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Swedish University of Agricultural Sciences (2017)

Effects of wood ash on soil fertility and plant performance in southwestern Kenya.

Wiklund, Jonna,

Titre : Effects of wood ash on soil fertility and plant performance in southwestern Kenya.

Auteur : Wiklund, Jonna,

Université de soutenance : Swedish University of Agricultural Sciences

Grade : Master’s Thesis in Soil Science 2017

Résumé
A field experiment was conducted in Kisii county, southwestern Kenya from February to May 2017. The purpose of the study was to examine the effect of wood ash on soil pH, soil nutrient content and productivity of common bean (Phaseolus vulgaris L.) and compare it to effects from mineral fertilizer (Diammonium phosphate, DAP) application and liming using calcium carbonate, CaCO3. Two weeding approaches with different timings were also included in the study. The experiment was two-factorial with six fertilizer/lime treatments (recommended dose of mineral fertilizer, mineral fertilizer dose used by farmers, mineral fertilizer dose used by farmers with lime, lime only, wood ash and a control where no amendments were made) and two weeding treatments (early and farmers practice) replicated four times. Soil samples were collected before experiment establishment and four weeks after the experiment was established. Data was taken on soil pH, available P, exchangeable base cation content, CEC and BS. Parameters for plant growth and development recorded were emergence, days to developmental stage V4 and R1, number of flowers and pods, bean yield and plant biomass. This was collected throughout the growing season. Data were analysed using ANOVA and Spearman’s correlation coefficient. The soil pH after treatments was found to be significantly higher in the ash treatment compared to the control and the treatments where only mineral fertilizer and no lime was applied. Lime application had no significant effect on the soil pH. However, base saturation was higher in the treatments where lime was applied than in the other treatments. No significant effects by the different treatments were recorded on available P or exchangeable base cations. The number of flowers and pods per plant was higher in plots treated with ash than in those treated with lime. The harvested plant biomass was lower in the lime treatment than in the other treatments. No significant differences were found in bean yield. Plant performance did not differ between weeding treatments, nor were there any significant interactions between fertilizer/lime treatment and weeding approach. Based on these results ash successfully increased soil pH. There are also indications that wood ash can provide other nutrients to meet the requirement of beans when grown under these conditions. Studies performed over a longer period of time would be required to see long term effects on soil pH, nutrient status and plant performance.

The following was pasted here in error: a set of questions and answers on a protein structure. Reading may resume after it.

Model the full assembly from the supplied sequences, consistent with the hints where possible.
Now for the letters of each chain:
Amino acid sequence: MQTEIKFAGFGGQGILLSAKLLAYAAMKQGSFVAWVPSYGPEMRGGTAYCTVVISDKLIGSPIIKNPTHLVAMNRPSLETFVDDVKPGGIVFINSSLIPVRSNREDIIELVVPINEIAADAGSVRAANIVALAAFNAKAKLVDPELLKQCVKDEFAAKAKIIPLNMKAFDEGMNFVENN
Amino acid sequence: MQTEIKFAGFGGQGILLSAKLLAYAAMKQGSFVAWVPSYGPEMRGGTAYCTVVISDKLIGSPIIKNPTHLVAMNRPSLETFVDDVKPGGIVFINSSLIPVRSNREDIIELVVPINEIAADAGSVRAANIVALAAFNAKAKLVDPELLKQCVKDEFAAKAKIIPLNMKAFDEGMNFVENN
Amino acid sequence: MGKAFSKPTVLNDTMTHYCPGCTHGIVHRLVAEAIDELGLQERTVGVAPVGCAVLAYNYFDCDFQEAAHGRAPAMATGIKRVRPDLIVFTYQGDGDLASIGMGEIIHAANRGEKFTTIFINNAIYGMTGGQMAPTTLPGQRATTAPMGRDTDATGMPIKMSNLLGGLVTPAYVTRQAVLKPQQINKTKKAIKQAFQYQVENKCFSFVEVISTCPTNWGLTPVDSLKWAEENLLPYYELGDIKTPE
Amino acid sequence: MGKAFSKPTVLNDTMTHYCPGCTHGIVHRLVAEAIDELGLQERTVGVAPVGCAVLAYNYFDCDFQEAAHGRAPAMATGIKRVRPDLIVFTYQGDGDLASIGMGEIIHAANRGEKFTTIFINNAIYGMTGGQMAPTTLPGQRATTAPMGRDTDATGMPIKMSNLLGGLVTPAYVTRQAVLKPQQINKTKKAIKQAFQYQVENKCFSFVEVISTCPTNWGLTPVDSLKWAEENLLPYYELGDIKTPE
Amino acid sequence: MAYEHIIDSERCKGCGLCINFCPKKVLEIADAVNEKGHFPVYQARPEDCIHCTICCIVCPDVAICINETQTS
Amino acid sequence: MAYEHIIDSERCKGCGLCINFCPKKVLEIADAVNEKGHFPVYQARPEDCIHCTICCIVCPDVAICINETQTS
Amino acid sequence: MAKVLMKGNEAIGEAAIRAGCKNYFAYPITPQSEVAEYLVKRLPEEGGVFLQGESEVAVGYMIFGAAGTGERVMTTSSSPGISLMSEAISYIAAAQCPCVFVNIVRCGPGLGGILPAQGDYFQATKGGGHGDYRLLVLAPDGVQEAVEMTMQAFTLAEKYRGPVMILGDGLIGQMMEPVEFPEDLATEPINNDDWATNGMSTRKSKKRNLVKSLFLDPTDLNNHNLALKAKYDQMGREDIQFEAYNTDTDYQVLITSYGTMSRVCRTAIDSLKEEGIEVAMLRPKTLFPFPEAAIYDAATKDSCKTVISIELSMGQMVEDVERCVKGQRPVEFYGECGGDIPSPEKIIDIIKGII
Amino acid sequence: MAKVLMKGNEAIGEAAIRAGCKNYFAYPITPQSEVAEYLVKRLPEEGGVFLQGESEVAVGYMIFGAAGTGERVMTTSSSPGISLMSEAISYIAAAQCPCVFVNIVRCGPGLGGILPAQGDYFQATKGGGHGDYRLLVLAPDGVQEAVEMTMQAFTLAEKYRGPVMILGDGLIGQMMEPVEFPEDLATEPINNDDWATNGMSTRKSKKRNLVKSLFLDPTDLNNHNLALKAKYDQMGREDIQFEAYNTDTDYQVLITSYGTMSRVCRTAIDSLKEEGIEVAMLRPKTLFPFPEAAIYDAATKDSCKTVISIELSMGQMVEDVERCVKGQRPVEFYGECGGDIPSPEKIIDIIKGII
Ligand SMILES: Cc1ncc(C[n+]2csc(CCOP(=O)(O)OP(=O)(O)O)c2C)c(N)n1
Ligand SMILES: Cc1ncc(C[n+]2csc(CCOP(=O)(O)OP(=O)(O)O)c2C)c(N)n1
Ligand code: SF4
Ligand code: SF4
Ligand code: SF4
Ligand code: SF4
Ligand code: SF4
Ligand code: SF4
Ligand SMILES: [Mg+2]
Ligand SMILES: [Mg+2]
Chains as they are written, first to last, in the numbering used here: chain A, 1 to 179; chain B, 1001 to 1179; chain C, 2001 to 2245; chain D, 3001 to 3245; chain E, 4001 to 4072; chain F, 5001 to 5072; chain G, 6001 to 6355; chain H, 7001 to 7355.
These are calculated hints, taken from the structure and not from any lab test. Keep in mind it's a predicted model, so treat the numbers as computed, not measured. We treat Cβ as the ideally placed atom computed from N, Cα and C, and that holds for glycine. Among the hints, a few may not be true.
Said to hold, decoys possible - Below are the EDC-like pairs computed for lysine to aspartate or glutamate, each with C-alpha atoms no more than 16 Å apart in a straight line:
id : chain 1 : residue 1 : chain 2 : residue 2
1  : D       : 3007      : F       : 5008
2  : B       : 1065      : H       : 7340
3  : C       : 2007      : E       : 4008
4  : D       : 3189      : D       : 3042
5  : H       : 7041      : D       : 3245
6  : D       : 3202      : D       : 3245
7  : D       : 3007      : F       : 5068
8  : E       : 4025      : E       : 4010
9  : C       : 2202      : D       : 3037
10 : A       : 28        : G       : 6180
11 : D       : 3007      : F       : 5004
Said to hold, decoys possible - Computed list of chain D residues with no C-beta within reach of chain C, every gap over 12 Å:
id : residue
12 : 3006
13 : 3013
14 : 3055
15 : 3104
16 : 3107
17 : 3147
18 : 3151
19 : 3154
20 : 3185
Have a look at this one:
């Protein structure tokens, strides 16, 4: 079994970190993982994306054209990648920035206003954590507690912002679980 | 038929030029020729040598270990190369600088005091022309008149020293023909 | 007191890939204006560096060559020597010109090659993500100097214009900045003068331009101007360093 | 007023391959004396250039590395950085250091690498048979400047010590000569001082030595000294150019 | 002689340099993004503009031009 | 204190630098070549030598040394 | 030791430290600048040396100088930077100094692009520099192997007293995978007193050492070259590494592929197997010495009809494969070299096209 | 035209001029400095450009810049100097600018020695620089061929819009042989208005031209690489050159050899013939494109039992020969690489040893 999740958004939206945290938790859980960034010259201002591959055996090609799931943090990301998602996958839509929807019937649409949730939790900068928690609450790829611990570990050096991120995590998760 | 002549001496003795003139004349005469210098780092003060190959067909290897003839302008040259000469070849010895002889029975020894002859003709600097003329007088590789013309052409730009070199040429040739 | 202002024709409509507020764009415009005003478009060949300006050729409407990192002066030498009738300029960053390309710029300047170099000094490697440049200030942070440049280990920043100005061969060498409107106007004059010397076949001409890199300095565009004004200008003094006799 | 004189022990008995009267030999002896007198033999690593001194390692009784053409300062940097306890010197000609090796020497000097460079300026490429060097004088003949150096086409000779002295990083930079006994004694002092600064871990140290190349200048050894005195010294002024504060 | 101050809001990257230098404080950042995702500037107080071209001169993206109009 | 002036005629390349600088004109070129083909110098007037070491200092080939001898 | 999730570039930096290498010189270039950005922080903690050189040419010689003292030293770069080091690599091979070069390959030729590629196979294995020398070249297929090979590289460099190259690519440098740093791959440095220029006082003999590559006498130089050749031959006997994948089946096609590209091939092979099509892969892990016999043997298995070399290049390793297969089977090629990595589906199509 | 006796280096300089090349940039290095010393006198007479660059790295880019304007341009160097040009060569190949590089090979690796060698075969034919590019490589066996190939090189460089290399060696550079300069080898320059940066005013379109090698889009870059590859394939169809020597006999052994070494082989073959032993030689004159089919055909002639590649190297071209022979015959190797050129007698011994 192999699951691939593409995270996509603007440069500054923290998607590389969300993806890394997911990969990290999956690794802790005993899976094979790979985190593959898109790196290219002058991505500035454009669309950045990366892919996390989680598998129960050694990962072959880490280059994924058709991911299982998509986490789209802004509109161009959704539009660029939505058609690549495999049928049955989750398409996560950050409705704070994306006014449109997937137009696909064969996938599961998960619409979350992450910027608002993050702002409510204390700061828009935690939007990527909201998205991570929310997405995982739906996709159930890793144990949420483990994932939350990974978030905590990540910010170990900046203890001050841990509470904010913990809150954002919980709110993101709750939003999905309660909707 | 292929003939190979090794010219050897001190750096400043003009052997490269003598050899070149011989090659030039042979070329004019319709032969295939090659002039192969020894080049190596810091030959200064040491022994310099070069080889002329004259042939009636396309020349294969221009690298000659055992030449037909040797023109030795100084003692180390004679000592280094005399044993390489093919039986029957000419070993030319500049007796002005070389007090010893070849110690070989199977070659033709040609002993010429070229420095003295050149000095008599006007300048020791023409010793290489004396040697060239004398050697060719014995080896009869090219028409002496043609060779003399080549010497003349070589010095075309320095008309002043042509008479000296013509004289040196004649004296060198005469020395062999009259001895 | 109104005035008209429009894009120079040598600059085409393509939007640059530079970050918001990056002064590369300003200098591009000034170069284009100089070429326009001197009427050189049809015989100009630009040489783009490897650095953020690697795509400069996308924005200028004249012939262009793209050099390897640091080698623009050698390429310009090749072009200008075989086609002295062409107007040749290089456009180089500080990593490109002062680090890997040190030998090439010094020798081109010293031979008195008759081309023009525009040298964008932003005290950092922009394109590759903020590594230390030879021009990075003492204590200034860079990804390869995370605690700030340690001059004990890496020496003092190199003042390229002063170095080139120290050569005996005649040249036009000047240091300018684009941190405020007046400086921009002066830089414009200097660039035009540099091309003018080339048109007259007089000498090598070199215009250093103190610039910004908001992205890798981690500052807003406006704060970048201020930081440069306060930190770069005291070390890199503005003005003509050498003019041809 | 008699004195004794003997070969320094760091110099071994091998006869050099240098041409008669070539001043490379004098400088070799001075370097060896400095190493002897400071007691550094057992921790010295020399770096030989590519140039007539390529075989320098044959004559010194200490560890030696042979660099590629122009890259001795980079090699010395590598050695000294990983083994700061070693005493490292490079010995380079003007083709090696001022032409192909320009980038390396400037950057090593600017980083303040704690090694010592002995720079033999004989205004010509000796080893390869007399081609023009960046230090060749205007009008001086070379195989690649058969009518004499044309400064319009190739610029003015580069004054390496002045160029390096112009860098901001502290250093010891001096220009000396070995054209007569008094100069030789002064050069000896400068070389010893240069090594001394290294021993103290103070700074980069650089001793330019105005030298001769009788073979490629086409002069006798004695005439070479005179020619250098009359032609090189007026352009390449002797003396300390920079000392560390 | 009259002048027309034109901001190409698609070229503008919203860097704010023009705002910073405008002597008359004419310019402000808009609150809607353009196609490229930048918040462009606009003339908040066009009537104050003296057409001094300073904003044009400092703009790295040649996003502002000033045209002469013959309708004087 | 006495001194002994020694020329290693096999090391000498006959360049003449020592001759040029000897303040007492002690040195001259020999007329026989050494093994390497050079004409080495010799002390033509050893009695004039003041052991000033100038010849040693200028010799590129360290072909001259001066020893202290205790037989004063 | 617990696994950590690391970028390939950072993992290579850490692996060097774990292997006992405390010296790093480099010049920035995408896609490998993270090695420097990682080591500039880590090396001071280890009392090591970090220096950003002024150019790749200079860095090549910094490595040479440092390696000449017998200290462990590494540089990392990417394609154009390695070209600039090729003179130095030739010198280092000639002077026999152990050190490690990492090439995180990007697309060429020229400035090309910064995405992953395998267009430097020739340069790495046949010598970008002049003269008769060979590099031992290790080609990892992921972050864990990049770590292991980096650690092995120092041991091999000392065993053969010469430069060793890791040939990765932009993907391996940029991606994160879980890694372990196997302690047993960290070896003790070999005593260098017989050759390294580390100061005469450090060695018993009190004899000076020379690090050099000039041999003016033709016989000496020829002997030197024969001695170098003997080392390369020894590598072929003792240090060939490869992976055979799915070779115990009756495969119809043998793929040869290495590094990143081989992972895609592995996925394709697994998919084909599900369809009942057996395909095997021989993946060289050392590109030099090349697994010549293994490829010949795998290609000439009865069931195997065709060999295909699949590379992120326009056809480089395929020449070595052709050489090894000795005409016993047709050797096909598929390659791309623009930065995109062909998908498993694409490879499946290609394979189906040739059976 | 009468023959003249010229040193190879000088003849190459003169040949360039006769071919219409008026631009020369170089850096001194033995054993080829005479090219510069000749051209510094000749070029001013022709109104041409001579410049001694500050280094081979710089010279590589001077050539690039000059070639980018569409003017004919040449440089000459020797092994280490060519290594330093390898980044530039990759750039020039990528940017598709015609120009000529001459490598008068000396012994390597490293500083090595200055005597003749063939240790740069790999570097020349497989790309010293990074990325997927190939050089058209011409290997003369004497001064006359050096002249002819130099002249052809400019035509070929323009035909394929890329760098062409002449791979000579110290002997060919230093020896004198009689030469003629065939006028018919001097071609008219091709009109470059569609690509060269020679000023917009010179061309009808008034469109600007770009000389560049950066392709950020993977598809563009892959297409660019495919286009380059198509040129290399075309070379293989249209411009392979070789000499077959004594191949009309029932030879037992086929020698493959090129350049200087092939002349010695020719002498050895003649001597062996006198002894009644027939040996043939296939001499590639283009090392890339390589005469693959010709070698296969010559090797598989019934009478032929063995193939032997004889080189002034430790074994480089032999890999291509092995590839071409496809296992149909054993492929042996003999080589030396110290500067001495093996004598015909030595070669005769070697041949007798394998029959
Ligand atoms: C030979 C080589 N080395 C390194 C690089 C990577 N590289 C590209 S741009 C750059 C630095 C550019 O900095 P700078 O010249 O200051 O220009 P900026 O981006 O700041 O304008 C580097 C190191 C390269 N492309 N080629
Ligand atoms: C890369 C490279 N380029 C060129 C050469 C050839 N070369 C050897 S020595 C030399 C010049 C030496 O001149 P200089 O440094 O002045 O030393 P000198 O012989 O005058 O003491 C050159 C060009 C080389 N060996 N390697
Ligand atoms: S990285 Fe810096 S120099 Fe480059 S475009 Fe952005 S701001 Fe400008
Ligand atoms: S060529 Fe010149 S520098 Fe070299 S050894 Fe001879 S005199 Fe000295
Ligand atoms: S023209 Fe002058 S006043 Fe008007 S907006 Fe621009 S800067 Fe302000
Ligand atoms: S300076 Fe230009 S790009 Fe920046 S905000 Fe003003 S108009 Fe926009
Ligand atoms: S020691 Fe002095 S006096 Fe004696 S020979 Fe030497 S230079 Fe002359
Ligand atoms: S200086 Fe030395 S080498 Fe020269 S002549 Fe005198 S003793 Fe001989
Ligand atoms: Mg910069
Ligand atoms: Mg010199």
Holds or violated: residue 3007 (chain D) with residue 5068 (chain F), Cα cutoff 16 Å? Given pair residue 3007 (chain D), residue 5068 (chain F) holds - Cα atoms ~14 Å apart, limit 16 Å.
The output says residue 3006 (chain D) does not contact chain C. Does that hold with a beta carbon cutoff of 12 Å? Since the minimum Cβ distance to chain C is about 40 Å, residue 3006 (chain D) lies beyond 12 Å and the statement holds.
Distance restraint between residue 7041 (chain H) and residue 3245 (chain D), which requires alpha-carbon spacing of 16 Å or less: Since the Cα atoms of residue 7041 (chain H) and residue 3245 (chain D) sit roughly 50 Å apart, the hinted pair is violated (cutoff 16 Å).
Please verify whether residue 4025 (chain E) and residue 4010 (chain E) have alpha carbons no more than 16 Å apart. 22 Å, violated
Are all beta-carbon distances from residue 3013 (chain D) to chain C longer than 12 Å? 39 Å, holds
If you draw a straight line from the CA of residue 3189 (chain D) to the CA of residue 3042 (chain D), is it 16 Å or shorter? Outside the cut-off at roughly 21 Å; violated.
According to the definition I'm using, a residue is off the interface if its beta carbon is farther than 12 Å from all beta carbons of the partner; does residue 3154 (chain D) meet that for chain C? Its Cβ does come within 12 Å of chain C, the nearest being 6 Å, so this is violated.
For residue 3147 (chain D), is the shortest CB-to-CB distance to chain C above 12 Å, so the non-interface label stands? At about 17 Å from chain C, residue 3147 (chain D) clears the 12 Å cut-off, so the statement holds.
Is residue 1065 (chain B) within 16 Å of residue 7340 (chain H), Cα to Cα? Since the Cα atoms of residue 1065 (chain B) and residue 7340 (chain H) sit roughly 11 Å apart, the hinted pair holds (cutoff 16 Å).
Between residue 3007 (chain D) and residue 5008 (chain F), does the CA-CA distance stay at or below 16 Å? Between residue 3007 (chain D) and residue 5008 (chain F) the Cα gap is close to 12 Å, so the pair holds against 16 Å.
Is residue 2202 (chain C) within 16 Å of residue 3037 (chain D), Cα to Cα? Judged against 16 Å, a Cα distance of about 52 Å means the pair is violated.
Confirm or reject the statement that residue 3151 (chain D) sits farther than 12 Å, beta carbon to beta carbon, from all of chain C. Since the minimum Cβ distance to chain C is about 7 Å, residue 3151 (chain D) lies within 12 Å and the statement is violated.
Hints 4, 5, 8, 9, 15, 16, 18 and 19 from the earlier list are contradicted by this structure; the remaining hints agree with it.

Mots Clés  : fertilization, lime, nutrient depletion, soil acidification, smallholder farmers, Phaseolus vulgaris, Kenya

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